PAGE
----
Those who regularly read my blog know about all the cute puppy pictures and content (SQUEEEE!) I’ve been creating. Our old fogey dogs are just as–or even more–deserving of our love and attention.
I’m thrilled to offer the fine folks at the Danish-Swedish Farm Dog USA organization a live Webinar next Monday June 20, based on my best-selling updated Complete Care for Your Aging Dog book. The presentation–with Q&A and some fun pictures from the powerpoint–has pending CCPDT accreditation. And a portion of the registration goes to fund dog-specific causes (your choice). Feel free to spread the furry word– and I hope to “see” some of y’all there.
That puppy in the picture from last weekend’s local adoption event wanted to just chill on my lap, sleeping on his back, all afternoon. What a sweetie. When we first got Magic, he was NOT inclined to “roll over.”
Rolling onto the back and baring the tummy places a dog into a vulnerable position and not all feel comfortable doing this. As Magical-Dawg has matured, he’s much more willing to volunteer this behavior–and I’m flattered. It actually can be a sign of great trust, although many folks assumes this posture always means submission.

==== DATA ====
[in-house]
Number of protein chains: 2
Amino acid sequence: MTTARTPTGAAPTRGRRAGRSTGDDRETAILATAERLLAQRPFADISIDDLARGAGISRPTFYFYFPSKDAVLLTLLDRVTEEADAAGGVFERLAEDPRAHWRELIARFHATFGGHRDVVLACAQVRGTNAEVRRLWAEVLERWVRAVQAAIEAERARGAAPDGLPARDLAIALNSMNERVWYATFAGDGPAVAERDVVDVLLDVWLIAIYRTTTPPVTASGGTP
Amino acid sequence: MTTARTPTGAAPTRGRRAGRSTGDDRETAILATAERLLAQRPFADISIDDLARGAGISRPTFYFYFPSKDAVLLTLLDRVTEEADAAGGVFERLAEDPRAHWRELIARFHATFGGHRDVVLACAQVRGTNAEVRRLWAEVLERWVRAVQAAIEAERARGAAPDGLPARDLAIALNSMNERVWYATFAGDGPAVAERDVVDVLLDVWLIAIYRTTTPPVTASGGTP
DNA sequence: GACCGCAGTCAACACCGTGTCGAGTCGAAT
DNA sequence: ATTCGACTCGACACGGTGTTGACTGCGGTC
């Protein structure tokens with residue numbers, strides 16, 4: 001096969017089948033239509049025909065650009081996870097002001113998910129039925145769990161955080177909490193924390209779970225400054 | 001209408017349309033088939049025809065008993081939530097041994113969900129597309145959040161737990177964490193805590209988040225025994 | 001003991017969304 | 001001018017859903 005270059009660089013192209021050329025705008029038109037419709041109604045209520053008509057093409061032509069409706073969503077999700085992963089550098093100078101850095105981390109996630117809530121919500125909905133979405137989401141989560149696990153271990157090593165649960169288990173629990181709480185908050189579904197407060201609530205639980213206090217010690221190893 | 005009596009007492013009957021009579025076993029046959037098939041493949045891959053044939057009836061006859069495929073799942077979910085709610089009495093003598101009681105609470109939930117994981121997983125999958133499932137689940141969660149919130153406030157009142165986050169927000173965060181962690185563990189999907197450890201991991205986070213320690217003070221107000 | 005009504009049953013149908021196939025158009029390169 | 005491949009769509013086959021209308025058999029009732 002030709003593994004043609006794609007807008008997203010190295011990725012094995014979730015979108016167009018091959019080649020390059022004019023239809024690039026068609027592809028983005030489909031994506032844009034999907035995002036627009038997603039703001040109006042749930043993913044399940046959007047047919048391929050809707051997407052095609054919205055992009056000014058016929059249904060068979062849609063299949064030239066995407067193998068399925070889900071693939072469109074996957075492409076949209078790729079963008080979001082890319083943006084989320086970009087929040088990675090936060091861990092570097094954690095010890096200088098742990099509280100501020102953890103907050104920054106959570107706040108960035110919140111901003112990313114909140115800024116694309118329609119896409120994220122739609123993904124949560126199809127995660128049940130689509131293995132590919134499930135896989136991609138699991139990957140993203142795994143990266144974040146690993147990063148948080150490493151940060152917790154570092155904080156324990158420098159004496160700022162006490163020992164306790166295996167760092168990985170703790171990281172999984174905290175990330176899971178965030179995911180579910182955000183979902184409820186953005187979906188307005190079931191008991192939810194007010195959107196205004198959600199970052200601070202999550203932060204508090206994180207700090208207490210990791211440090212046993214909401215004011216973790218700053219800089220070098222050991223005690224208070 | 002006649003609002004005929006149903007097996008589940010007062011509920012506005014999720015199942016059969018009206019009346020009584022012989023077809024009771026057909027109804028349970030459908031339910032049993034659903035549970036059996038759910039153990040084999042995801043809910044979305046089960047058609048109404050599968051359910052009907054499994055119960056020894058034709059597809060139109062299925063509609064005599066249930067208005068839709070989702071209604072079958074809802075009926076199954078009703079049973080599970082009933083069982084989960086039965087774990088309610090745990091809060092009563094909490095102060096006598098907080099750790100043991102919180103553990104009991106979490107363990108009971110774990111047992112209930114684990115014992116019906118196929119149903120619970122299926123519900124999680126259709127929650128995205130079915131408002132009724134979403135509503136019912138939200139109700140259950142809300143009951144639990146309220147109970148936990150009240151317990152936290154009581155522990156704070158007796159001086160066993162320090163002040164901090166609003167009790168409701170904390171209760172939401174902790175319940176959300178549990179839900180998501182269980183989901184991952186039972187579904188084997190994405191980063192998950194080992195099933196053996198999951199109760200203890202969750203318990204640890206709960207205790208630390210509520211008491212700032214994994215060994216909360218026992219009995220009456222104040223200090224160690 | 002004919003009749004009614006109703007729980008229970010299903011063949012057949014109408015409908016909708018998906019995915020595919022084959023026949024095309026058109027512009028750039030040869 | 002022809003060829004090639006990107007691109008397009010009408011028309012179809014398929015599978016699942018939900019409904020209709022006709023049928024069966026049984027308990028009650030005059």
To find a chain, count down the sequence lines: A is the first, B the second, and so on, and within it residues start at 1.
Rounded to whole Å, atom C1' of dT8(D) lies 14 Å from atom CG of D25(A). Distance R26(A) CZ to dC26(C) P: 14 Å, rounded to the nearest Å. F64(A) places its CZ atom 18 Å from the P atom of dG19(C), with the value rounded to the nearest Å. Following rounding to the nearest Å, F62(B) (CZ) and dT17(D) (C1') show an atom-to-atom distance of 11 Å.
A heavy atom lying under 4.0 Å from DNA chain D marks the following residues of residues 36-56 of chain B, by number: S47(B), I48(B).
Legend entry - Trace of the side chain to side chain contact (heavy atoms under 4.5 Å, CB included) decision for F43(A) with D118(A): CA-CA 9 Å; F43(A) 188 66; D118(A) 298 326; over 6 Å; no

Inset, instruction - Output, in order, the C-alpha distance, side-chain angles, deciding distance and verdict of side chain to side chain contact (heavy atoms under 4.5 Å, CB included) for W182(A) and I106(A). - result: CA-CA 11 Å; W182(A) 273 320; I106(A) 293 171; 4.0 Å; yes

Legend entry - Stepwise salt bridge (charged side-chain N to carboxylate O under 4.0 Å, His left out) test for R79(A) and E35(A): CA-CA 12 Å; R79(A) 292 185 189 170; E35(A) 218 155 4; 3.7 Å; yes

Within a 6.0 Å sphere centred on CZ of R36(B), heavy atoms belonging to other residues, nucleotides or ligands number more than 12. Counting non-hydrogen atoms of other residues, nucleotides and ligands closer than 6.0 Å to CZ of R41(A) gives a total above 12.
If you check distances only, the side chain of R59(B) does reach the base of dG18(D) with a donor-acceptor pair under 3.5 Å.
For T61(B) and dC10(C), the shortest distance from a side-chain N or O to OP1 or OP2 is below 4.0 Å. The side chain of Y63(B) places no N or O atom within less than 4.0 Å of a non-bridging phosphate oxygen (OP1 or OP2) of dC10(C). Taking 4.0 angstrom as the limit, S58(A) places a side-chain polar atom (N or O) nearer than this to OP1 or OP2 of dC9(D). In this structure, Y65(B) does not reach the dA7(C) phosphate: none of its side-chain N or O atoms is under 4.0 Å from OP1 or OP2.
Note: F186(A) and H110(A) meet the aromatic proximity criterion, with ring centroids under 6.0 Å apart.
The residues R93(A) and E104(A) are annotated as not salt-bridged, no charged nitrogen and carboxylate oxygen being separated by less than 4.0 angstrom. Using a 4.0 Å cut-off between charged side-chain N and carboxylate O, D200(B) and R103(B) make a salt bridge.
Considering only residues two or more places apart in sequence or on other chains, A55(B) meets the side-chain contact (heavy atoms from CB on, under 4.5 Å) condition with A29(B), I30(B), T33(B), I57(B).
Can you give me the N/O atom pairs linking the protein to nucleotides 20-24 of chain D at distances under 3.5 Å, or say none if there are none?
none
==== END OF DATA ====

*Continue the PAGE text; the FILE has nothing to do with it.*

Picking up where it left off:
And no, of course I never “forced” Magic onto his back. Okay, guess I need to also mention “alpha roll” where the owner forces a dog onto his back to establish dominance. Probably a better name for it would be the “stupid roll” because it does nothing to foster submission and actually can get owners bit.
The premise comes from thinking that wolves make other wolves roll over to prove who is in charge. Uh…nope. Wolves roll over on their own to indicate deference, they aren’t “forced” to do this by a bigger wolf. And of course, dogs aren’t wolves. Dogs will show deference and respect to more potent, powerful and in charge individuals (whether that’s another dog, a cat or human). And sometimes the most powerful doggy in the group rolls over to show a less confident canine he means no threat, as an invitation to play or build confidence.
The fellow asking the question in the Ask Amy video was not happy about his newly adopted dog’s inclination to roll over. I suspect he wanted his dog to be “macho” and “dominant” and wasn’t clear on exactly what his dog was telling him–or what the dog “heard” his new owner saying.
Do your dogs enjoy tummy rubs? Does your dog flip on his back at the drop of a “hello?” When does he show his tummy–do you ask, or does he simply volunteer and request your attention?
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